Trial by Ambush: The Prosecutions of David Bain
I am reasonably new to the criminal justice system, having been appointed a judge in 2010, and seem to be one of the few people in the New Zealand legal system to have had nothing to do with this case. This is not to say that I, like everyone else, have no curiosity about what happened on the morning of 20 June 1994. I, like everyone else, was not there, and can only piece together what happened from the information made available to us. This book collects together a lot of that information, and invites, or rather leads, readers to an inevitable conclusion. I hasten to add that the information presented is unashamedly from the defence perspective. The blurb on the back cover leaves no one in doubt: “This compelling new book explores . . . why it took 12 years to right this dreadful wrong”, and claims that who committed the murders “will be put to rest once and for all”.
It was certainly daring of the editors of New Zealand Books to ask a sitting judge to review this book, and many would say foolhardy of a sitting judge to agree, which is why this is less a book review than a series of musings on our criminal justice system, and why it occasionally produces such causes célèbres.
I am not reviewing the book to assess the truth of its contents. Suffice to say it musters a lot of detail in order to convince the jury of the New Zealand public that David Bain is innocent. There is so much detail, in fact, that a reader could be forgiven for occasionally losing sight of the forest. That the purpose of the book is to establish innocence emphasises, I think, one of the fundamental reasons our criminal justice system occasionally produces cases such as this, resulting in campaigns and books about “dreadful wrongs”: the criminal justice system is not designed to prove innocence.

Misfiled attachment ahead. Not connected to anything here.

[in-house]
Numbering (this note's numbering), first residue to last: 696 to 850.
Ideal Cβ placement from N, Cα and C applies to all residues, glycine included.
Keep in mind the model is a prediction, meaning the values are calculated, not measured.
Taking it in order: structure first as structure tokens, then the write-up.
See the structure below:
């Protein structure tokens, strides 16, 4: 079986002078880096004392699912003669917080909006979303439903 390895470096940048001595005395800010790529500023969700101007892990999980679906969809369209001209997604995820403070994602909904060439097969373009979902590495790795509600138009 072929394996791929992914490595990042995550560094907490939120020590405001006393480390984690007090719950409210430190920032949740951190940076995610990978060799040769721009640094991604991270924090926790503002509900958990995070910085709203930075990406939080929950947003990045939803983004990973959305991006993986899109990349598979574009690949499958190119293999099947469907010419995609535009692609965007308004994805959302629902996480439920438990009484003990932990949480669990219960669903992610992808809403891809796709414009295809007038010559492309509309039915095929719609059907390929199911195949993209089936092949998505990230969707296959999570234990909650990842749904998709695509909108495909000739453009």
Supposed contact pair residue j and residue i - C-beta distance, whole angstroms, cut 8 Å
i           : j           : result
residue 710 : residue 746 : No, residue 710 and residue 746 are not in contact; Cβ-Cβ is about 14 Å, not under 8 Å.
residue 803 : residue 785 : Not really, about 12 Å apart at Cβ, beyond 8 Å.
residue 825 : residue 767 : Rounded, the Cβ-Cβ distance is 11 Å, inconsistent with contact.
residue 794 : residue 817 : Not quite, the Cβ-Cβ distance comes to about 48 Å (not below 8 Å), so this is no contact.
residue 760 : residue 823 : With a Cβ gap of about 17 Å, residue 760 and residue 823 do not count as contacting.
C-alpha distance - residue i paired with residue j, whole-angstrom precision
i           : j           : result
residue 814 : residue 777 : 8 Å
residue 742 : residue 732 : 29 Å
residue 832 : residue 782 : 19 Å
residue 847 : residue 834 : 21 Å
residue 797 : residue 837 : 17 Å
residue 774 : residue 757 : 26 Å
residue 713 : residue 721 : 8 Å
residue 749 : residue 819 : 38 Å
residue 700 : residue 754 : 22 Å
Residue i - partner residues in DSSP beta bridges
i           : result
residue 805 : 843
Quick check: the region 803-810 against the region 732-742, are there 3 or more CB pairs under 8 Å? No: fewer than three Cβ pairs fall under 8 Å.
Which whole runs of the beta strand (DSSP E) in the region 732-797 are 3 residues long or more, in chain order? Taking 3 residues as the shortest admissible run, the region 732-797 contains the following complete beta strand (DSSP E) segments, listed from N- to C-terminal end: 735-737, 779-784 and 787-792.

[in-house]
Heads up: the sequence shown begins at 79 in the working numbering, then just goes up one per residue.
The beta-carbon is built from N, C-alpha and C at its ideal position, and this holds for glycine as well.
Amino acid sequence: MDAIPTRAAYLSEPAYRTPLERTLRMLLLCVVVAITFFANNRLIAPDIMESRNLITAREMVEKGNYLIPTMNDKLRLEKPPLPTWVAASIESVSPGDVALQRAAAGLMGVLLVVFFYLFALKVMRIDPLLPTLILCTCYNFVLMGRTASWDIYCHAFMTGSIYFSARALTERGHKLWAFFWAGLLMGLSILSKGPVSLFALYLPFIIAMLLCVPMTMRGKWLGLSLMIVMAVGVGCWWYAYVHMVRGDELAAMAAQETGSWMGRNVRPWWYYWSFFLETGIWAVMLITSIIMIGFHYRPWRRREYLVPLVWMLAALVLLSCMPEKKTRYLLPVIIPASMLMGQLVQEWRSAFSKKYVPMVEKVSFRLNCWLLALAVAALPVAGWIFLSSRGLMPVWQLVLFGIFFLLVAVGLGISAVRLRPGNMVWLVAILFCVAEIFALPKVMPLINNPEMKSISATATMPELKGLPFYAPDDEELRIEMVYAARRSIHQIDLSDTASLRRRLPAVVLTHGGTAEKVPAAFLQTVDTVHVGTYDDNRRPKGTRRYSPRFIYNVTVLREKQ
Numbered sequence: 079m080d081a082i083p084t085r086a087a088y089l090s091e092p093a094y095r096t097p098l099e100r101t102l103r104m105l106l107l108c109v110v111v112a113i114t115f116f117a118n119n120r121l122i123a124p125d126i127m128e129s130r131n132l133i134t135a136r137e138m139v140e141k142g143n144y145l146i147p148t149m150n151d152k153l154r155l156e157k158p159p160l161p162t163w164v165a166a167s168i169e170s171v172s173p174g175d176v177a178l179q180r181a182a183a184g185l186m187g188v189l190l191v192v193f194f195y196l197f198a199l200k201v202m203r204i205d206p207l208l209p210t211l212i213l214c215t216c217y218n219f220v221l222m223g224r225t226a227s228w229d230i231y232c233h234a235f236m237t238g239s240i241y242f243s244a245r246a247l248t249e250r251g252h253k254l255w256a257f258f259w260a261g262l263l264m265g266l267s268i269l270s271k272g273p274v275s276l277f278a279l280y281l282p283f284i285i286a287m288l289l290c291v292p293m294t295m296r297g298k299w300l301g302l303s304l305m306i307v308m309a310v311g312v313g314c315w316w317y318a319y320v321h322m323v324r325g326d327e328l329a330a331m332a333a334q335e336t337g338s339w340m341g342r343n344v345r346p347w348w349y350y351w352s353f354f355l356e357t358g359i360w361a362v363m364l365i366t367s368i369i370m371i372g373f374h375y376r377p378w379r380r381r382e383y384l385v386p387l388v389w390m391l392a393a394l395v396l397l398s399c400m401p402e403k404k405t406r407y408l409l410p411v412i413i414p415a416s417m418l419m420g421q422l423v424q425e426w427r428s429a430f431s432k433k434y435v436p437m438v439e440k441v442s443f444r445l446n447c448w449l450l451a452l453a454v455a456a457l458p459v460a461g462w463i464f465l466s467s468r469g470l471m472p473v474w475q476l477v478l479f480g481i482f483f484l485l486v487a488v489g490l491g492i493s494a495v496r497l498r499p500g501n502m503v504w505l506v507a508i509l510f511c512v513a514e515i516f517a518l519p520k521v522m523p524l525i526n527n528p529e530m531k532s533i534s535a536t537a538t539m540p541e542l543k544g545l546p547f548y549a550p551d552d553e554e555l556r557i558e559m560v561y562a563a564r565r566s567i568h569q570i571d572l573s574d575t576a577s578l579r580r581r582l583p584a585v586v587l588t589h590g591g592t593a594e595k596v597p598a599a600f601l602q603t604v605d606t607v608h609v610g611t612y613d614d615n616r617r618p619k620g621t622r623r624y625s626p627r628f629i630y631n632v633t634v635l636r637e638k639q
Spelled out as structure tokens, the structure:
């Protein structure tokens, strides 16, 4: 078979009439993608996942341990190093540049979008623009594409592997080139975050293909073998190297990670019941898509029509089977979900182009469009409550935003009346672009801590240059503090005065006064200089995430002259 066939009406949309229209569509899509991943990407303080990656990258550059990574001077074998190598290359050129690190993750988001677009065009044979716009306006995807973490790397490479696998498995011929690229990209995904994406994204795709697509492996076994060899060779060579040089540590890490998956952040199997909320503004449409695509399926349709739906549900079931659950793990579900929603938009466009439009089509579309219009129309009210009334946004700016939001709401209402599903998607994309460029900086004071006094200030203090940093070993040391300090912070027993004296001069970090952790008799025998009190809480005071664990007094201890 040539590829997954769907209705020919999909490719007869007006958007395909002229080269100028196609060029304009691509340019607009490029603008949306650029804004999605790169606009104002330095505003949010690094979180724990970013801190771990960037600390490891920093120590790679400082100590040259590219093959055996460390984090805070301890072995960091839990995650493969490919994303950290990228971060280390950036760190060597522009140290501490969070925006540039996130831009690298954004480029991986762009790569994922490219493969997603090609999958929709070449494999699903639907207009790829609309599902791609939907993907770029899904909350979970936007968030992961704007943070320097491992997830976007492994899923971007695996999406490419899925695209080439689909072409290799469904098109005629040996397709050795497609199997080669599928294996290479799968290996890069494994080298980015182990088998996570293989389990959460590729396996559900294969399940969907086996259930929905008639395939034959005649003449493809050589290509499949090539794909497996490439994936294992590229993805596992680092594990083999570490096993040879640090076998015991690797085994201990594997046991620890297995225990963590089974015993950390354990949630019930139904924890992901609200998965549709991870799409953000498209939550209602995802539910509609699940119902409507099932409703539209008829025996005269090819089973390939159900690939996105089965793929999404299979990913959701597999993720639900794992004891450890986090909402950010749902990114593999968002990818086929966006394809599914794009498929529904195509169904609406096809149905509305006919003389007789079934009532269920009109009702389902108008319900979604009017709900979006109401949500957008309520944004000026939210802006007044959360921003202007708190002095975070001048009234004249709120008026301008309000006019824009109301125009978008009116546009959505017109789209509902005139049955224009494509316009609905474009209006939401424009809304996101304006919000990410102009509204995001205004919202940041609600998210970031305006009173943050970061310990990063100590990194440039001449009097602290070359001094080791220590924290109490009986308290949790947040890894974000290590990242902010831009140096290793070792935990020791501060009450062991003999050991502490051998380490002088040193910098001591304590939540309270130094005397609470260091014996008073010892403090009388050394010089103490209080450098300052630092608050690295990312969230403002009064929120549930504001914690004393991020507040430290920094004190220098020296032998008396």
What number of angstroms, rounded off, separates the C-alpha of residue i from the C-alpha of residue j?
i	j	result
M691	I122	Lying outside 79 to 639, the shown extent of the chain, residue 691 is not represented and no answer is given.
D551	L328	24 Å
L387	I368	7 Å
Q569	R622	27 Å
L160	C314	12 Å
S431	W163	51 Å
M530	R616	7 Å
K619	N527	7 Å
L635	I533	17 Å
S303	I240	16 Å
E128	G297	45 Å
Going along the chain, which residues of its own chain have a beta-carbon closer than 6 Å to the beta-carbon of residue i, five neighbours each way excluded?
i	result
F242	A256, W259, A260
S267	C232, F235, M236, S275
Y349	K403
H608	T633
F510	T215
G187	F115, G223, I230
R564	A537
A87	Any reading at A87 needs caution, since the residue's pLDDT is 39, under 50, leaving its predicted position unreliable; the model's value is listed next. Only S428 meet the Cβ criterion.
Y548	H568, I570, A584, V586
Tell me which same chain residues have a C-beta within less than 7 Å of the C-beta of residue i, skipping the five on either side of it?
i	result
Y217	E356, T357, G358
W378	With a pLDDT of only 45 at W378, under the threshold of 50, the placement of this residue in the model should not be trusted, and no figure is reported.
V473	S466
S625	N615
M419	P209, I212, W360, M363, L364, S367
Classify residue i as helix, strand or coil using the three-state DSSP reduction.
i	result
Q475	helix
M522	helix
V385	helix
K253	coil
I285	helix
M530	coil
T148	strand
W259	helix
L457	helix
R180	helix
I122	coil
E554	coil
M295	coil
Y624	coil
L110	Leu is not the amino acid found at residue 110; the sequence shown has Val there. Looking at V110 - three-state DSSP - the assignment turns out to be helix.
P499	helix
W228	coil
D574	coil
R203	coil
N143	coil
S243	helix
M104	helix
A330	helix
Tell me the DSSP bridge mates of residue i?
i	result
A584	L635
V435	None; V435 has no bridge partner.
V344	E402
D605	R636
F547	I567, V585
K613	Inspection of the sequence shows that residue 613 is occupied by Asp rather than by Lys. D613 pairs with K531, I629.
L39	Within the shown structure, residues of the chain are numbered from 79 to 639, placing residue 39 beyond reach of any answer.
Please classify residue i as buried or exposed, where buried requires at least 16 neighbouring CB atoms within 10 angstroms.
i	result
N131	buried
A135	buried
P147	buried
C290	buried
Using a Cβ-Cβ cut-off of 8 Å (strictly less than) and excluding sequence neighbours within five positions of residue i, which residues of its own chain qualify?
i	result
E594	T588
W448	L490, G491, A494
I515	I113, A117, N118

Some blame the “presumption of innocence” for members of the public and much of the media believing that a verdict of “not guilty” means factual innocence. Ideally it will coincide with factual innocence, but what it actually means is that the judge or the jury has come to a decision that the prosecution has not rebutted the presumption of innocence by proving its case beyond a reasonable doubt. The flipside of that coin is that legal guilt does not always coincide with factual guilt, which is what the author of this book believes happened in R v Bain.
The theory underpinning the presumption of innocence is that it forces the prosecution to prove its case beyond a reasonable doubt, thereby setting a high evidentiary bar. This is meant to protect the innocent from wrongful conviction and reflect what may or may no longer be a widely held consensus: that it is better that 10 guilty people walk free than one innocent person be convicted of a crime he or she did not commit. Society, apparently, used to tolerate all these guilty people walking around, having got away with murder (or more likely something less dramatic) as the price we, in a democracy, were willing to pay for our freedom.
Lately, this consensus has been eroded by political discourse and lobby groups calling for a tougher stand on crime, and by media constructions of simplistic good-versus-bad narratives. The appeal of such cases to the media is that they can be spun into a rip-roaring David-versus-Goliath tale of good conquering evil, and the underdog overcoming injustice. Who can forget the news reporter punching her fist into the air when the jury came back with its verdict in Bain’s second trial, or John Campbell beaming at the prospect of interviewing Bain as a free man? The erosion happens at both ends of the debate, though, and in a contradictory fashion: tougher stands on crime generally require the removal of rights that are considered to safeguard the presumption of innocence, thereby creating at the same time greater opportunity for so-called Bainesque miscarriages of justice to occur and be spun by the media.